The following bricks were found by Tony Millard in Antigua, West Indies. Below – Bonnybridge – Bonnybridge Silica & Fireclay Co Ltd, Bonnybridge. alt Calder Firebrick Works, Airdrie, Lanarkshire. alt Chapelhall Works, Lanarkshire. Hepworth Ceramic Holdings plc (GR-Stein Refractories Ltd. parent co) bought the Bonnybridge Silica & Fireclay Co. Ltd in 1972, closed Bonnybridge works…
The Calder Fireclay Company was founded in 1880 by Robert Fleming & Co with a brickworks at Armadale. The Company was reconstructed in 1892 as the Calder Fireclay Co and passed into the control of the Paine family who erected a brickworks 2 miles south-east of Airdrie near the Carnbroe Iron Works. They also worked the fireclay and had a brickworks at Hareshaw near Shotts from 1907 to 1919. James Paine joined his father in the business after WW1. Their firebricks, branded Calder, won an excellent reputation for service in blast furnaces. The Calder works used 9 Newcastle type kilns with about a 50-ton capacity each. They used a large number of hand moulders as a 1925 catalogue claims all firebricks were handmade. This lack of brick manufacturing machines and the smallness of the Company made it difficult to compete in the 1930’s so an agreement was signed with the Bonnybridge Silica Company to merge on 18/01/1936. Calder owned a mineral field of about 30 acres at Chapelhall, 2 miles south-east of Airdrie with easy access to a railway siding. The combined company decided to build modern works on this site. By March 1937 the Bonnybridge and Calder works were reported at full production and the new Chapelhall Works had started to produce saleable fire bricks. The original intention to close the Calder Works was postponed. The Calder brand continued after the merger with the Calder Fireclay Company and was used mainly for bricks made at the Chapelhill Works. Octo and Novo brands were introduced in the 1960s for high alumina bricks. Source Kenneth W Sanderson.
28/02/1936 – Bellshill Speaker – New brickwork to be erected at Chapelhall. To be erected at Chapelhall. The housing boom in Lanarkshire is effecting Chapelhall where negotiations are now going forward for the acquisition of several acres of ground by a Bonnybridge firm for the construction of a brick factory. The brick factory is expected to be producing by about mid-summer. The Airdrie Labour Exchange, which regards the village as one of the worst depressed areas in the county, anticipate that more than 100 men will be engaged at the outset. A small percentage will be skilled labourers. The factory will have the advantage of having its own clay pit.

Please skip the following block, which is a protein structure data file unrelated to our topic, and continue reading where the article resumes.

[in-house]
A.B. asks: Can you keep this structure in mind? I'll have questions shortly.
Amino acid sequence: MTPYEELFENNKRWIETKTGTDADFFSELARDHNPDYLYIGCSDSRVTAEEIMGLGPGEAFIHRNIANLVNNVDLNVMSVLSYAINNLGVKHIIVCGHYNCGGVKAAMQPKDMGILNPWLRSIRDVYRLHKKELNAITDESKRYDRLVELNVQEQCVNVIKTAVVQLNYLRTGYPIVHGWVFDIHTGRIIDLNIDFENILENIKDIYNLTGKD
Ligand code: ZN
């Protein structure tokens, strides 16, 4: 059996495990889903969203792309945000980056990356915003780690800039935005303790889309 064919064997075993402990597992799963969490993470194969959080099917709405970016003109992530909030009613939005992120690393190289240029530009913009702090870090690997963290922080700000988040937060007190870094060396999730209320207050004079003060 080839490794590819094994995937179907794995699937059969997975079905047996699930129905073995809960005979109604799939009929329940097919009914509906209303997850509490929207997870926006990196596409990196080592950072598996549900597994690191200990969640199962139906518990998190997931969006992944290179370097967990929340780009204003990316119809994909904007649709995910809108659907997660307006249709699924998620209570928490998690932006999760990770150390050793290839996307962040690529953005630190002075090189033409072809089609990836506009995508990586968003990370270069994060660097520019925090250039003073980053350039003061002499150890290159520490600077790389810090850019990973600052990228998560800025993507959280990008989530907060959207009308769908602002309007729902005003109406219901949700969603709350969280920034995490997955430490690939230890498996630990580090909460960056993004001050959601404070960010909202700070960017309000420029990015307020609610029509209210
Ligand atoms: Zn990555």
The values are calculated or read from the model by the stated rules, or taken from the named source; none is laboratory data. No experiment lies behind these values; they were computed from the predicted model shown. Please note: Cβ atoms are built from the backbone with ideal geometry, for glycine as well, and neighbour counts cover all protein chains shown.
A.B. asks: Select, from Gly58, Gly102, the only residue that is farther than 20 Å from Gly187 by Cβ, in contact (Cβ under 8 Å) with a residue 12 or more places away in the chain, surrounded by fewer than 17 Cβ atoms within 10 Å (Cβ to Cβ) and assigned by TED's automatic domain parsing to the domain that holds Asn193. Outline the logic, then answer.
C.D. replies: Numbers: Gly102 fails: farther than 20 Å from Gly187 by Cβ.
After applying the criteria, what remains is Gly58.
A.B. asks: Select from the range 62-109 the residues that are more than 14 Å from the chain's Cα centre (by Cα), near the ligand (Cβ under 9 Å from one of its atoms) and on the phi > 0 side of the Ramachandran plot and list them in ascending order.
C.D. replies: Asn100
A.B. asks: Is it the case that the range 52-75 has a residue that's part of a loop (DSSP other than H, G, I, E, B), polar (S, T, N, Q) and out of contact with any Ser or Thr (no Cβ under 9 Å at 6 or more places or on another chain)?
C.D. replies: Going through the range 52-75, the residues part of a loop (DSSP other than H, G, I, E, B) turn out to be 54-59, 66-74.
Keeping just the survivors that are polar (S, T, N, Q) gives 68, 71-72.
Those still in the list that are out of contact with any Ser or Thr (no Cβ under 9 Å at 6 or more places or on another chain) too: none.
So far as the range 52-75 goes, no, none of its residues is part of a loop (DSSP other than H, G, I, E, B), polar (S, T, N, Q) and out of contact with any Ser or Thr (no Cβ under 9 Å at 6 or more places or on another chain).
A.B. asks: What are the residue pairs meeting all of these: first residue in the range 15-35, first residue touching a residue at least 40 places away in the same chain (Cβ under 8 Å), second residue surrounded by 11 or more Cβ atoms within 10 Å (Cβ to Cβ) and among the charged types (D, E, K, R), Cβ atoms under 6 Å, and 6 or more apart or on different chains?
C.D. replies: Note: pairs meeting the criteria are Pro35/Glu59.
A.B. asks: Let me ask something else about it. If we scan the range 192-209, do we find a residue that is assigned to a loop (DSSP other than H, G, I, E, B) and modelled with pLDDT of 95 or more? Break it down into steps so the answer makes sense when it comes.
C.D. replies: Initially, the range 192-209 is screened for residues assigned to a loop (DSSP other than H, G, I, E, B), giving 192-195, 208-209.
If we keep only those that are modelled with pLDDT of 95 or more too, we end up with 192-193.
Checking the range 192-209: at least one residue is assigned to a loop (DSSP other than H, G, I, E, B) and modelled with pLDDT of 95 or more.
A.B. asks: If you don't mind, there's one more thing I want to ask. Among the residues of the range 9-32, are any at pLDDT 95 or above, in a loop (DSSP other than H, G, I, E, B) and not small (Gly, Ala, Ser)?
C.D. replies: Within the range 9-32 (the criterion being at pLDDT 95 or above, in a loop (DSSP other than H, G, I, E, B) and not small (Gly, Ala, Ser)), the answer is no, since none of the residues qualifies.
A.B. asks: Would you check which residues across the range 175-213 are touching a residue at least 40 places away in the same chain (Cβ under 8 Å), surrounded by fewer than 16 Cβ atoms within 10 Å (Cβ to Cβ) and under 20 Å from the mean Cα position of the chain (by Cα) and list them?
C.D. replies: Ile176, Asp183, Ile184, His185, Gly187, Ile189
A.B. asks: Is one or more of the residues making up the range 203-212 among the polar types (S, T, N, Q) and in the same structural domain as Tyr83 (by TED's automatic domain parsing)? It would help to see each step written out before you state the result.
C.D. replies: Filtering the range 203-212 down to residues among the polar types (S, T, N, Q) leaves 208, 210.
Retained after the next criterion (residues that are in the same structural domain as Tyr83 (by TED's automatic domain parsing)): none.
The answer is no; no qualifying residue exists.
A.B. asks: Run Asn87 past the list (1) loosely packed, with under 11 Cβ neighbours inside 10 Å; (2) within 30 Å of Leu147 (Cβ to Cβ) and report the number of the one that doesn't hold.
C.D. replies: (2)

04/09/1936 – Motherwell Times – Brickwork for Chapelhall – Chapelhall village is to have an industry, the first for ten years. A new industry is the manufacture of fireclay bricks. Bonnybridge Silica and Fireclay Company are building a factory. Constructional work is being pushed ahead and it is hoped to begin production towards the end of October. Work will be given to about 200 men. The latest type of machinery will be installed in the factory. Bricks produced will be for home use and export.
08/01/1937 – West Lothian Courier – New brickwork. Airdrie industry to commence production this month. A new brickwork, erected at Chapelhall Airdrie, by the Bonnybridge Fireclay and Silica Co., is to commence production towards the end of the month, giving employment to 50 men at the start, and later, when the peak of production is reached, to 100 men. The plant, erected at a cost of over £70,000 is claimed to be one of the three most modern plants of its kind in Scotland, having many technical features used for the first time in Britain. House bricks, roof tiles and fireclay bricks or refractory bricks can be produced by the plant, but it is expected that refractory bricks to be used in furnaces will be manufactured at the start. The fireclay is obtained from a mine about a quarter of a mile away, and is transported to the brickwork by an overhead railway supported on three pylons.
12/03/1938 – Airdrie and Coatbridge Advertiser – Assault at Chapelhall Brickworks over a machinery issue.
12/11/1938 – Airdrie and Coatbridge Advertiser – A new trading estate is being established at Chapelhall and adjoining the estate is a busy brickwork.
14/01/1939 – Airdrie and Coatbridge Advertiser – … The year 1937 was a memorable one for Chapelhall as it marked the opening of a new fireclay brick works, claimed to be the most modern in Britain. Equipped with the latest scientific devices, the works turn out millions of bricks to swell the station quota, and Mr Hislop and “Archie” saw to it that the whole output was satisfactorily dealt with by the L.M.S. services. Rich in clay deposits, Chapelhall may now be regarded as a quota-getter’s happy hunting ground, although competition is ever-present. The improvement can be measured from the fact that the goods quota receipts amounted to £8614 in 1937 as compared with only £151 in 1935 …
04/07/1939 – The Scotsman – Lanark County Council has been given notice by H. M. Inspector of Mines of the abandonment of the following mines: Gain Mine, Glenboig belonging to the Glenboig Union Fireclay Co., Ltd ., Glasgow … Chapelhall, belonging to the Bonnybridge Silica and Fireclay Co., Ltd., Bonnybridge.
Below – 1944 – 1970 – Chapelhall Brickworks.
Below – 1946 – Chapelhall Fire Brickworks – (Calder)
Below – 05/1960 – The Refractories Journal